I am so grateful because of where I was randomly born that my parents did not have to make that leave everything behind for the chance to be able to feed me or to keep the law. Perhaps if everyone could sponsor children in other countries through World Vision or Compassion, this would be another creative solution that would decrease border crossing.

Regarding California and the nation, the economic contribution from immigrants is significant. Perhaps that is another reason not much is changing very fast. As far as social problems, I am cautious about blaming certain people groups. Makes me very nervous. However, with so many losing their homes through the housing crisis, I cannot even begin to imagine the social problems stemming that, loss of property tax and more, from what many blame greedy banks for doing. Perhaps, some insurance companies are even causing social problems, but I better be quiet because I don't have statistics to back that up.

I have seen and read statistics very well stated and very inaccurate that create more fear and hate of undocumented people. I think if most people would become familiar with Comprehensive Compassionate Immigration Reform, they would really approve. I think a lot of what some people might like to see regarding getting citizenship is in that program.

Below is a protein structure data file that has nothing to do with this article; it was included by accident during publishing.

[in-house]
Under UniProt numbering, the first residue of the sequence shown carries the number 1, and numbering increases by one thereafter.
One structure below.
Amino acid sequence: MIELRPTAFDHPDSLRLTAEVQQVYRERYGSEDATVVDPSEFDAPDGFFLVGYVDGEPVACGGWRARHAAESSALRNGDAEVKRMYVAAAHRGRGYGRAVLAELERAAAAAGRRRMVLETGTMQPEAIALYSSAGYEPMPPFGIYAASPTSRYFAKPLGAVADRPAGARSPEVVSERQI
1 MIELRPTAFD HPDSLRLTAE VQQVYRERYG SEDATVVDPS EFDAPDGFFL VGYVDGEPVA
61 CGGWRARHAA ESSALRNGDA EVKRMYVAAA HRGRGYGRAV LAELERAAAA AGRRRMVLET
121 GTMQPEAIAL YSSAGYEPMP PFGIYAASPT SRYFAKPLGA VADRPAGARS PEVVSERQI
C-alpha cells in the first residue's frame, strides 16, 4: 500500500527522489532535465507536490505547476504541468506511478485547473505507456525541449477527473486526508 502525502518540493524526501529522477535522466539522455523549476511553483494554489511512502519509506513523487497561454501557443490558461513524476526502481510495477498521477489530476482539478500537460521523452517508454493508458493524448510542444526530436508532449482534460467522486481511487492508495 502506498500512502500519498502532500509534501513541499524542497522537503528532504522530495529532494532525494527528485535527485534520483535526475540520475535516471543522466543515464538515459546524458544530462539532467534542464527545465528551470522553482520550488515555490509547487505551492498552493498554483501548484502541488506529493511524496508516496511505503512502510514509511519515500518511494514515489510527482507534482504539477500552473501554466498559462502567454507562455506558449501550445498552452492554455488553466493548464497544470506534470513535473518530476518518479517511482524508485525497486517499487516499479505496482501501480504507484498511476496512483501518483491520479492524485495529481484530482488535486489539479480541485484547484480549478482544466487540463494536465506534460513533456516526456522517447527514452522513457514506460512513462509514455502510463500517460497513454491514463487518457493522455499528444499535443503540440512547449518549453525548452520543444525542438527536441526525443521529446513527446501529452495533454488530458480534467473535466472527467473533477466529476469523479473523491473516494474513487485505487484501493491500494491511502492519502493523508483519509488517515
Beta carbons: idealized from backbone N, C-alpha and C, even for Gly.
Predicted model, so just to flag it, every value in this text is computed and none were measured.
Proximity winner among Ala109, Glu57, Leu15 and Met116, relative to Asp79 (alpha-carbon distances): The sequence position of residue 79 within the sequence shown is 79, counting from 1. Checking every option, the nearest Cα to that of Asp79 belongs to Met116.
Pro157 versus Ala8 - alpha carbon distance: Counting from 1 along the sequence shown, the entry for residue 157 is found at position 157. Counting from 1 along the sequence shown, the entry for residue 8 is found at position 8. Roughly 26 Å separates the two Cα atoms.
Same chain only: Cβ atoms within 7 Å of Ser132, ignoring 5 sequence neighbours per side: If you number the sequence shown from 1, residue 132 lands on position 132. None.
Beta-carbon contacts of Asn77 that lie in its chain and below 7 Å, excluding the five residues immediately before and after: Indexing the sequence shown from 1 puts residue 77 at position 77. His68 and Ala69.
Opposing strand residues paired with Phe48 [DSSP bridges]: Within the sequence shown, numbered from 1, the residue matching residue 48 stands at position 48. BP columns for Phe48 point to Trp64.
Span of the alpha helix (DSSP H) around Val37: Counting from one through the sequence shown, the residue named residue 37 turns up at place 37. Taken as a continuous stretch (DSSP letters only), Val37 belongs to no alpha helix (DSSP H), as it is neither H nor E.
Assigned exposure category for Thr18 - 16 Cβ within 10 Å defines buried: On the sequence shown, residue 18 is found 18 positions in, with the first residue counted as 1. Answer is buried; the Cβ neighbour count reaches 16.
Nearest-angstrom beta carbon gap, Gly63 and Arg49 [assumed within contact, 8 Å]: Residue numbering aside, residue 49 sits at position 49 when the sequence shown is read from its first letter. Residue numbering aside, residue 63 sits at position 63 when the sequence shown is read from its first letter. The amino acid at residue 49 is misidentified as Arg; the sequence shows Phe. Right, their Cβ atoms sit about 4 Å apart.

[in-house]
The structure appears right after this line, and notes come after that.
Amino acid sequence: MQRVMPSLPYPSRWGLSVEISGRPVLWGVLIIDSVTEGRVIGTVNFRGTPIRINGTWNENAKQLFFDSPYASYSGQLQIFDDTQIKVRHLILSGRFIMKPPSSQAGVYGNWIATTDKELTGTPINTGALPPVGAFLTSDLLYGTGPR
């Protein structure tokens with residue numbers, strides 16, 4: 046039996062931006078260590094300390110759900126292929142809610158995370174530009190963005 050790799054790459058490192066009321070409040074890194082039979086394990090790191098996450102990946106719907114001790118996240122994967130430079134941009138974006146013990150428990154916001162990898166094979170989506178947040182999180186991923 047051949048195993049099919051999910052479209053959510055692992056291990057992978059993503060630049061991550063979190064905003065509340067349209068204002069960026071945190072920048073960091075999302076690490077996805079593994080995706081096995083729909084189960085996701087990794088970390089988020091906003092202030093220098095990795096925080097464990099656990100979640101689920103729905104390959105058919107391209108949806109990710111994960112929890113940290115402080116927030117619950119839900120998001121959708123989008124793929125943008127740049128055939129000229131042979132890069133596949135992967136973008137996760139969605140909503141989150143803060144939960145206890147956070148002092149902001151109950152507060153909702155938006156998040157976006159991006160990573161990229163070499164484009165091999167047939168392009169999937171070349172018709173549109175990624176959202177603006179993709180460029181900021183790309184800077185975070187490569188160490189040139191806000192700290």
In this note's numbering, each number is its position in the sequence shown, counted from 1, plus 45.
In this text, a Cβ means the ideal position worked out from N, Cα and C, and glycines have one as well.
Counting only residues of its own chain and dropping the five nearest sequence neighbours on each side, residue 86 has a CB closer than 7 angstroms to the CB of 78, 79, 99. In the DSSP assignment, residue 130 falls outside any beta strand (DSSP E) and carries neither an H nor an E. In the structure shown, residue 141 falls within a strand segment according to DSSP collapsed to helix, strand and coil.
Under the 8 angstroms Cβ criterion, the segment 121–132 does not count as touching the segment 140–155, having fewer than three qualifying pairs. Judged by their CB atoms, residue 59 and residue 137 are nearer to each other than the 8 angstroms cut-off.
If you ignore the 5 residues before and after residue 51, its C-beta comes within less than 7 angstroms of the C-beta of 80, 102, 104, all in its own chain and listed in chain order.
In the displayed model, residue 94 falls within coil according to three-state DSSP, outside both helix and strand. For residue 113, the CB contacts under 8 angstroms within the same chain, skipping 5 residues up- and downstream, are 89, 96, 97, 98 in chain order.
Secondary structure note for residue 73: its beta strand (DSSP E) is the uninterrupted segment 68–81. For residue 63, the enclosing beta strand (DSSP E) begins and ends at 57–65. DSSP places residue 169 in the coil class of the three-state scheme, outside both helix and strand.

Thank you for your debate. You speak your perspective kindly and you seem to have a clear perspective. We've both stated these comments before, so I know we are not trying to convince each other of anything or change each other's minds. I just want to be heard. I have heard you, too. Thanks.

From Christians for Comprehensive Immigration Reform:

Our shared principles include the following:

· We believe all people, regardless of national origin or citizenship status, are made in the "image of God" and deserve to be treated with dignity and respect (Genesis 1:26-27, 9:6).